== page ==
Movies on release
December 05, 2003
S.W.A.T.: Starring Colin Farrell, Samuel L Jackson, LL Cool J, Michelle Rodriguez, Olivier Martinez. Director: Clark Johnson.
It’s been quite a year for Colin Farrell, the former Ballykissangel star an ubiquitous presence on the silver screen during 2003 in what seemed to be a new film every month.
In fact, it’s only been five movies, with the hard workin’, hard playin’ Farrell ranging from costumed super villain to CIA recruit to sniper victim to lowlife Irish criminal. He rounds off a busy term at the box office as a member of the Special Weapons And Tactics team who are top of the cops on the mean streets of Los Angeles.
After a trigger-happy decision during a hostage situation, Jim Street (Farrell) has been demoted. But he’s offered a way back into S.W.A.T. uniform by Dan “Hondo” Harrelson (Samuel L Jackson), who has been assigned to recruit and train five top-notch cops for a new unit.
With the ‘veteran officer’ and ‘young hothead’ roles sorted out, the team is given that all-important box office ethnic mix with Latino single mum Sanchez (Michelle Rodriguez) and black dude Deke (James Todd Smith aka LL Cool J).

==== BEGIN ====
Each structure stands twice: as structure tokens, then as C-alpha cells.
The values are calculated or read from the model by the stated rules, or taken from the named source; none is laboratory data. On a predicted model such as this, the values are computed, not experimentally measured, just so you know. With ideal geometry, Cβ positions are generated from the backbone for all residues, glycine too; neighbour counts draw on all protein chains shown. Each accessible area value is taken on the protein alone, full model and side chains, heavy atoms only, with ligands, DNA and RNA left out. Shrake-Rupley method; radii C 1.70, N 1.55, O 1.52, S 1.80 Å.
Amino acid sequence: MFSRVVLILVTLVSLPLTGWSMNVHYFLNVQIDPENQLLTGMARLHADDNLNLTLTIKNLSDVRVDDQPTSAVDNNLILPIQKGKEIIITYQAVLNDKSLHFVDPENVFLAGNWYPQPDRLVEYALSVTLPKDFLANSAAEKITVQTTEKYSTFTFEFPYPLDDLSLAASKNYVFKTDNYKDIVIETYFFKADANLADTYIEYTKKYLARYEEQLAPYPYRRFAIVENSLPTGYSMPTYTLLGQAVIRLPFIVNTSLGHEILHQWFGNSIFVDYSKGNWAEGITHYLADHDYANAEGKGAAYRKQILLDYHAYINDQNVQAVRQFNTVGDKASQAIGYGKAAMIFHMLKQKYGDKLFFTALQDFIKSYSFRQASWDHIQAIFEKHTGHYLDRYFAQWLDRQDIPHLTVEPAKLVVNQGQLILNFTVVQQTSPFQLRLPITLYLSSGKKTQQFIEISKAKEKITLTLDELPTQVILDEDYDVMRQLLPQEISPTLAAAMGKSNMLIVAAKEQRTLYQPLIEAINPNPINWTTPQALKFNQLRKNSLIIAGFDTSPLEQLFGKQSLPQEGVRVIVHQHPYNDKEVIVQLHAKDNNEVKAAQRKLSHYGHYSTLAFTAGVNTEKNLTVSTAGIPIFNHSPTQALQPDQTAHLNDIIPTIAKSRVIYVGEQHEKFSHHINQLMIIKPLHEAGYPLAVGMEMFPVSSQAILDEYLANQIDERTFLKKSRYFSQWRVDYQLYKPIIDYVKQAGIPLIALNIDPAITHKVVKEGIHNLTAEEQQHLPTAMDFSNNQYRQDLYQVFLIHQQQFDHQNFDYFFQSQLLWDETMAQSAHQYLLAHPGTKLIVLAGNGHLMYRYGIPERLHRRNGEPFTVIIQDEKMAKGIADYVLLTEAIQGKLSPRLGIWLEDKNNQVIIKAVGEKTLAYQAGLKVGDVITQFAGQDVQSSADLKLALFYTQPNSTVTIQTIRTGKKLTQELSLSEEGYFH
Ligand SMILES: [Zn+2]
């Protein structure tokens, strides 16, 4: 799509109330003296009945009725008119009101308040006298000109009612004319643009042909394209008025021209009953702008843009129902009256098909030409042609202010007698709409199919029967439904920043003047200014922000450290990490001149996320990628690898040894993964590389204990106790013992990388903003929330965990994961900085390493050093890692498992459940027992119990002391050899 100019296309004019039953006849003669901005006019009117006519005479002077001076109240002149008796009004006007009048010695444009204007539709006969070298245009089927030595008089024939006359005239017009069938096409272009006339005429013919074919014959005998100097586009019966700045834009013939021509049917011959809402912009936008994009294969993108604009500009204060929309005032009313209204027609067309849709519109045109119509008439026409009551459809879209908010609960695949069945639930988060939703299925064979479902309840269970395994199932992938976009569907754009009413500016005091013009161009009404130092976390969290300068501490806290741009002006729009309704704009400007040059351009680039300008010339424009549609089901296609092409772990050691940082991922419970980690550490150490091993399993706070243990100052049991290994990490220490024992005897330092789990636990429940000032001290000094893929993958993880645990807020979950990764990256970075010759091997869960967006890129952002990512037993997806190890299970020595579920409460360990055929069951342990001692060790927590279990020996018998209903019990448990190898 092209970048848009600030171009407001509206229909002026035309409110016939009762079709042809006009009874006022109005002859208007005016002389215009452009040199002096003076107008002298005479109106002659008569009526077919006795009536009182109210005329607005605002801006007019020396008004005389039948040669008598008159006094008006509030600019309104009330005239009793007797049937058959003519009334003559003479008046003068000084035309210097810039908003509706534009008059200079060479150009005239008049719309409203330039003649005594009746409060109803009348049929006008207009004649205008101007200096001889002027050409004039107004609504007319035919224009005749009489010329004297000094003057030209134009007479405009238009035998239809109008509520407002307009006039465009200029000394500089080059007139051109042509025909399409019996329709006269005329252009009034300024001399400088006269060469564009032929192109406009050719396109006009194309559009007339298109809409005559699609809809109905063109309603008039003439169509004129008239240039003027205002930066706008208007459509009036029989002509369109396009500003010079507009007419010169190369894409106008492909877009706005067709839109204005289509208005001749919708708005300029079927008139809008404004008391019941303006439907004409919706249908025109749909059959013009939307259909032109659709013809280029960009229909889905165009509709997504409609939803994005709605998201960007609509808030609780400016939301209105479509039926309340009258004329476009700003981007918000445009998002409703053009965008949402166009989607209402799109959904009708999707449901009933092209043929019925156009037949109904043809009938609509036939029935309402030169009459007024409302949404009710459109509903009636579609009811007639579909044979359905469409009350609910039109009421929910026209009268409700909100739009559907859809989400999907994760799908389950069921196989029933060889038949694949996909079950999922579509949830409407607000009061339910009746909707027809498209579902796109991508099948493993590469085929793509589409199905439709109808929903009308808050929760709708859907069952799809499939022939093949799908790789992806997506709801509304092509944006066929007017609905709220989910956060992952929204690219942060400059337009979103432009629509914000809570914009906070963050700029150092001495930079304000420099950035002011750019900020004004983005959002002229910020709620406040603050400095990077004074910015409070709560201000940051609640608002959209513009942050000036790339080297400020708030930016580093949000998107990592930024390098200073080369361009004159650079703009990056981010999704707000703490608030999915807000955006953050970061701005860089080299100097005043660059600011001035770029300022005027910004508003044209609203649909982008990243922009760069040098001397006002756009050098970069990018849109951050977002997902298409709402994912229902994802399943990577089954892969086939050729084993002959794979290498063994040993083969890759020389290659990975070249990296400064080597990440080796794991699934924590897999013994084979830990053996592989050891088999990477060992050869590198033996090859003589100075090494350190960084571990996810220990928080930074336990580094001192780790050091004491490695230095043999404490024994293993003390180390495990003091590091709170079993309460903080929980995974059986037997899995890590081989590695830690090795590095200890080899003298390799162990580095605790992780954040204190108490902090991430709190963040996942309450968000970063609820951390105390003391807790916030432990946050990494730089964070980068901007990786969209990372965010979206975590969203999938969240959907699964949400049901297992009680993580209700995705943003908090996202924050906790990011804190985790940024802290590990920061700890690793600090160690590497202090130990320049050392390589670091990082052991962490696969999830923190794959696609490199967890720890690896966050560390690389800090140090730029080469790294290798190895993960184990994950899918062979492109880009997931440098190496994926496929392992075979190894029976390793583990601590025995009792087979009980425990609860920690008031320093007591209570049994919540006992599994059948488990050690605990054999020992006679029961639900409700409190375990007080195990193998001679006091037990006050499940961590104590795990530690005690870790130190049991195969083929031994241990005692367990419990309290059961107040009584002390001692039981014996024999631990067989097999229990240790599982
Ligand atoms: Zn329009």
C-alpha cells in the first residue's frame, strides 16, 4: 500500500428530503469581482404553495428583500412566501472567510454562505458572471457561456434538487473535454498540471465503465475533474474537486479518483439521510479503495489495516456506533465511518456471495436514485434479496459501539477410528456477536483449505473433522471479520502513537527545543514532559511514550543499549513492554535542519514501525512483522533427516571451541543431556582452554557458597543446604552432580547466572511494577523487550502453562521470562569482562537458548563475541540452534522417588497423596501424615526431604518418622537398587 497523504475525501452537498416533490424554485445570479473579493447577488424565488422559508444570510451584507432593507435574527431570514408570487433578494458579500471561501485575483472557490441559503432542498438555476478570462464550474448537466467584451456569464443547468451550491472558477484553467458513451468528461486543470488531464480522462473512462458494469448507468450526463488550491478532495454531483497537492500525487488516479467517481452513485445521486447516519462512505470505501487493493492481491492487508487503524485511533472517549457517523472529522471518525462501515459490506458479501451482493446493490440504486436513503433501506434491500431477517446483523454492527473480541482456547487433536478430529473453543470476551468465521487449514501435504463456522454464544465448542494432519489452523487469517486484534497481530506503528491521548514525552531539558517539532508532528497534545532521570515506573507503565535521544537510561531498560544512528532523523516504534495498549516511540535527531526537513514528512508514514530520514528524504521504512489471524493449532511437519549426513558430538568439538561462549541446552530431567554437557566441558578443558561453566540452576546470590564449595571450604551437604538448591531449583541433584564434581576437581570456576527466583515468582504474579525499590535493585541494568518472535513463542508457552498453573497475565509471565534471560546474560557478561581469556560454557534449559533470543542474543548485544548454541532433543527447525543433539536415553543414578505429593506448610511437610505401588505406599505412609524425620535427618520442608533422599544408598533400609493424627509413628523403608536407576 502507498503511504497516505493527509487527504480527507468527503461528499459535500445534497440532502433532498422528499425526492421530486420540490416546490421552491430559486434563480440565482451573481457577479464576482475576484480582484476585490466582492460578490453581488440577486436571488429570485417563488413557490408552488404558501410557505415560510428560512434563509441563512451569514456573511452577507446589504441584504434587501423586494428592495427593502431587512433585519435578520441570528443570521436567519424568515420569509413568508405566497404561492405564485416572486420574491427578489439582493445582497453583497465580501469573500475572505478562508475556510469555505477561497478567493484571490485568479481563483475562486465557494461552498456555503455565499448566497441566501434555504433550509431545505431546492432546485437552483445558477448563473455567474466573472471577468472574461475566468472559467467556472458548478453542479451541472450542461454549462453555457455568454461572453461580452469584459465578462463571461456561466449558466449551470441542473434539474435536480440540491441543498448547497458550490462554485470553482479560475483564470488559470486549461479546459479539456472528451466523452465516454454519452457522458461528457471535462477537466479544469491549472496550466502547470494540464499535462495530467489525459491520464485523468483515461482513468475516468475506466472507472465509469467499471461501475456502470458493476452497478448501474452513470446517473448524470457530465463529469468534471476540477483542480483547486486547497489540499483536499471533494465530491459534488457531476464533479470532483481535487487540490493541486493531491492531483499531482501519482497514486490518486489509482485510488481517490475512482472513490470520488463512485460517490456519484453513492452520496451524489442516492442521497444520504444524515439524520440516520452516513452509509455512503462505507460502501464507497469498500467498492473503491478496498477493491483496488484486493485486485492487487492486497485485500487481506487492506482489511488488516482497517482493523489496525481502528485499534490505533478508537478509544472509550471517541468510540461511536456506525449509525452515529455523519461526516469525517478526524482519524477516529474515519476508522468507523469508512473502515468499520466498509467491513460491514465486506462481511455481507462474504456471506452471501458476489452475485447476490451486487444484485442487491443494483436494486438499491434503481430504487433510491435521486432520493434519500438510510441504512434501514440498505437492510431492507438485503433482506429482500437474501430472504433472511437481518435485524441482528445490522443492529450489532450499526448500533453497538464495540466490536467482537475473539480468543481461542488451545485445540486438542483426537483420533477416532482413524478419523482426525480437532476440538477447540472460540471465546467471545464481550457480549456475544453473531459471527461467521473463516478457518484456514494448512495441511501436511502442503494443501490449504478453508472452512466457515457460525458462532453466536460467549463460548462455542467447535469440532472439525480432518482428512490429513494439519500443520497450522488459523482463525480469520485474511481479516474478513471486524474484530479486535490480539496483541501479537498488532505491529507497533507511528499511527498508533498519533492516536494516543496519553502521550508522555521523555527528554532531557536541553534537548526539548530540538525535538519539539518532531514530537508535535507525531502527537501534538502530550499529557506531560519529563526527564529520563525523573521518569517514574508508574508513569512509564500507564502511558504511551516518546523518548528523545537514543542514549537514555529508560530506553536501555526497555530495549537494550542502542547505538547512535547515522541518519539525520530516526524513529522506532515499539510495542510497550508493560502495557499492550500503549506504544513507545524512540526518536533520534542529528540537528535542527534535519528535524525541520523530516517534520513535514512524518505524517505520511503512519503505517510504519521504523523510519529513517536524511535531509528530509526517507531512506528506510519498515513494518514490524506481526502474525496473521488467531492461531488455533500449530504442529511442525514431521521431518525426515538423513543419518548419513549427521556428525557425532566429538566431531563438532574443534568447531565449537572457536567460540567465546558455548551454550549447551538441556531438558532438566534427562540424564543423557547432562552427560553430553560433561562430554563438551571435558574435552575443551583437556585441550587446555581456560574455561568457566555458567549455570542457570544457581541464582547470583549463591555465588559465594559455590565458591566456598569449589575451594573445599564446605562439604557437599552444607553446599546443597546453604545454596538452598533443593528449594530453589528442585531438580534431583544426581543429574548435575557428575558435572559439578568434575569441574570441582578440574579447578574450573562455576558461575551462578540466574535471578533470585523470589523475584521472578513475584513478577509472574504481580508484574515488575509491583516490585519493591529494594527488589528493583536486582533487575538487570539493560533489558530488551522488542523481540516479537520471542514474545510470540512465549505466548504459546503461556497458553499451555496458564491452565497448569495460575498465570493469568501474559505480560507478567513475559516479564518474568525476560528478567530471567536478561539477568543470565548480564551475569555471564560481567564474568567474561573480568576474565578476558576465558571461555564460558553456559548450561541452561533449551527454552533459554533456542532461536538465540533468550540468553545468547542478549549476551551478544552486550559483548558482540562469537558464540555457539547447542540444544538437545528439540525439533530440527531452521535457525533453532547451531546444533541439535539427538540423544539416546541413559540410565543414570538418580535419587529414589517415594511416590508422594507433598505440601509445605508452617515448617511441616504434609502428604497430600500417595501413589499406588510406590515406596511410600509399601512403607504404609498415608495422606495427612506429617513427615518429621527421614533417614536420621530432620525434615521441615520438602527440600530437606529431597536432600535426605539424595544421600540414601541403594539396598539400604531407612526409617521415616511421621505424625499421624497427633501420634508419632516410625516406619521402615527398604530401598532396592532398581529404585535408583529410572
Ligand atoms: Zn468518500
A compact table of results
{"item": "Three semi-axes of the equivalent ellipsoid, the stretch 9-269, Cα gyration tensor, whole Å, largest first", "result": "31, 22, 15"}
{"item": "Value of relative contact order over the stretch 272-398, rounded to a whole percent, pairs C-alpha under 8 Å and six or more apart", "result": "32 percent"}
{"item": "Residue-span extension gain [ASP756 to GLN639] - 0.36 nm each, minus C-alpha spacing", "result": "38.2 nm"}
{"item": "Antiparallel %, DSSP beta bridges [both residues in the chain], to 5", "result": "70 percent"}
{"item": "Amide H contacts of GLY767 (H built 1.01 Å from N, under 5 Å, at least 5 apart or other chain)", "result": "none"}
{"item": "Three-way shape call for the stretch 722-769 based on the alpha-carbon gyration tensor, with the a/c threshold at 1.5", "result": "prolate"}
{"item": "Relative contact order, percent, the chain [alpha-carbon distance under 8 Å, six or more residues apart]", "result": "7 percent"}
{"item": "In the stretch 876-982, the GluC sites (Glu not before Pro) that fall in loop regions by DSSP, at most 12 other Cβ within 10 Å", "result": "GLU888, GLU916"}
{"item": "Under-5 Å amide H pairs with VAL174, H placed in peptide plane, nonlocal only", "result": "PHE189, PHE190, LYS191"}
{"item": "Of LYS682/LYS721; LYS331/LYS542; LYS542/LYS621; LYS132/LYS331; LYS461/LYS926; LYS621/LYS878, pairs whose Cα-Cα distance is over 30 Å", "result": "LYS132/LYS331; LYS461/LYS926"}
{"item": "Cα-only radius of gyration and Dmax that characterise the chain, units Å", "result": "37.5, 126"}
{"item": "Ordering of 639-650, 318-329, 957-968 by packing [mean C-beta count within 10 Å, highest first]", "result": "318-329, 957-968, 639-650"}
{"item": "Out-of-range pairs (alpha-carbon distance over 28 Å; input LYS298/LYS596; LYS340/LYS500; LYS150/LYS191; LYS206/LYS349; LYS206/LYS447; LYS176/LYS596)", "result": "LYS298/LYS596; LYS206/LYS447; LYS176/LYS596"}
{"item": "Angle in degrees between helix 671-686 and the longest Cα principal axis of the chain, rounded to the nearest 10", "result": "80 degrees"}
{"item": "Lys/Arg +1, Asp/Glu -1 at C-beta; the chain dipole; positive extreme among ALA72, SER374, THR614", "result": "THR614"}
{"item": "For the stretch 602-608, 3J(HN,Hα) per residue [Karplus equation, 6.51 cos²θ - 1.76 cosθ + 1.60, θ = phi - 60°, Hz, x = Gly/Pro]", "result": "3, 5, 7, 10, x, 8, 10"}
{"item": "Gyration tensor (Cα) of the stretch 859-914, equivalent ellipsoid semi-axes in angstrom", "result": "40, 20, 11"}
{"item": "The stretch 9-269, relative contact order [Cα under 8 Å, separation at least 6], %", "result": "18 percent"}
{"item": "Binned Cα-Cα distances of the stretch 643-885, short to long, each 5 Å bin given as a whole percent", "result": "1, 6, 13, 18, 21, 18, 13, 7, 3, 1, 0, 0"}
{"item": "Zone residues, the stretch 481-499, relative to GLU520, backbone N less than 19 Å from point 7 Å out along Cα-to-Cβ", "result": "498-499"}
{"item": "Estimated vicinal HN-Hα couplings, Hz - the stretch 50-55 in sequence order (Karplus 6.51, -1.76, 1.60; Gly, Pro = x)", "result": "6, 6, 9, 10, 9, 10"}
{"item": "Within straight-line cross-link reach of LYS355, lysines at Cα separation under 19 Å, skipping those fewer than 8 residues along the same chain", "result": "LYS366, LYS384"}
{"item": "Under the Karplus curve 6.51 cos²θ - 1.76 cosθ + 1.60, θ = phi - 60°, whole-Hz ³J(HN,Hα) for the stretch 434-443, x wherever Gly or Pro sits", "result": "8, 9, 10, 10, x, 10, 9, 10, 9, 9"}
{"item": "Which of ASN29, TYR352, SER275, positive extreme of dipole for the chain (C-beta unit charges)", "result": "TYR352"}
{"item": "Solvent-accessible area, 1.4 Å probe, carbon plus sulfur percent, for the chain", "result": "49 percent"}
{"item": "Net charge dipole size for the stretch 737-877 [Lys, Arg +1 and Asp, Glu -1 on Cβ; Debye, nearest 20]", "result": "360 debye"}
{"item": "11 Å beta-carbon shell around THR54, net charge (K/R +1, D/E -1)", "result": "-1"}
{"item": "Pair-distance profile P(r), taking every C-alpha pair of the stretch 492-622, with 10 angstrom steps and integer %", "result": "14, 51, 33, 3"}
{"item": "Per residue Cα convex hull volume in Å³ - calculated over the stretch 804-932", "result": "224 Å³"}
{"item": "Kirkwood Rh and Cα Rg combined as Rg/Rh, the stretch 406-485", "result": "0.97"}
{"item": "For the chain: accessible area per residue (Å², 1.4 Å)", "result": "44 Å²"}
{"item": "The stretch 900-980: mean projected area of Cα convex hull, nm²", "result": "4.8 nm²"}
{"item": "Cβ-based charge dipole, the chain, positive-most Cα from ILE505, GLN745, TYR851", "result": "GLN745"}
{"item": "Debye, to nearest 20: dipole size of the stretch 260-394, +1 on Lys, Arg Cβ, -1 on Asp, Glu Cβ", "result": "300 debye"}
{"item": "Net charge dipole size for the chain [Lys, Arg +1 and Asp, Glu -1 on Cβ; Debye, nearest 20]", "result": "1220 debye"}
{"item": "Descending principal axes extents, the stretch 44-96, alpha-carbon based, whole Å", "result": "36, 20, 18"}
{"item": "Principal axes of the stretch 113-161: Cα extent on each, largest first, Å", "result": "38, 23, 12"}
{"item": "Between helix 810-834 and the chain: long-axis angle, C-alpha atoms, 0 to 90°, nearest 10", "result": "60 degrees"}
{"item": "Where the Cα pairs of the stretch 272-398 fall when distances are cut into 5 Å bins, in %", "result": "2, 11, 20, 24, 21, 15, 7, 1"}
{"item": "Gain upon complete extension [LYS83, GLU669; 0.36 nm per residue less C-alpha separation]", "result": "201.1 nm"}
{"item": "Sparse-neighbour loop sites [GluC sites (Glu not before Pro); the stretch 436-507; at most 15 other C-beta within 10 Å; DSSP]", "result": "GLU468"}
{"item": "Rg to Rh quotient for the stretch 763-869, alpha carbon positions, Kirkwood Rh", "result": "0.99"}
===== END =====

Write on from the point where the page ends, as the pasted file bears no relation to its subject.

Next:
After some arduous training, they’re ready for action. Which is handy, as international fugitive drug lord Alex (Kylie’s boyfriend Olivier Martinez) is arrested and promises live on TV a $100 million bounty to anyone who can free him from police custody.
Quite rightly, the police feel this could create a few problems, and it’s up to the S.W.A.T. unit to escort the smirking playboy baddie out of town and into the safe confines of a federal prison, pursued by a small army of mercenaries keen to collect the reward.
S.W.A.T. is a solid action-thriller that sticks closely to its TV roots (it was a 13-episode American TV series in 1975). It has a competent, if uninspiring, paint-by-numbers approach to plot and characters, and moves along in speedy fashion. It managed to register a $37 million opening weekend in the States in August, although perhaps that was because it had a French villain.
Where it does do well is in its action sequences. After the fads for high wire martial art moves and expensive special effects, S.W.A.T. offers physical manoeuvres that you believe could happen, that would be within the reach of highly trained police officers. Well, nearly.
It’s still not ‘real life’ amid all the stunts, car chases and shoot-outs, but it’s closer than a lot of other action films have managed. At least director Johnson made an effort and didn’t let the actors take second billing to the explosions budget.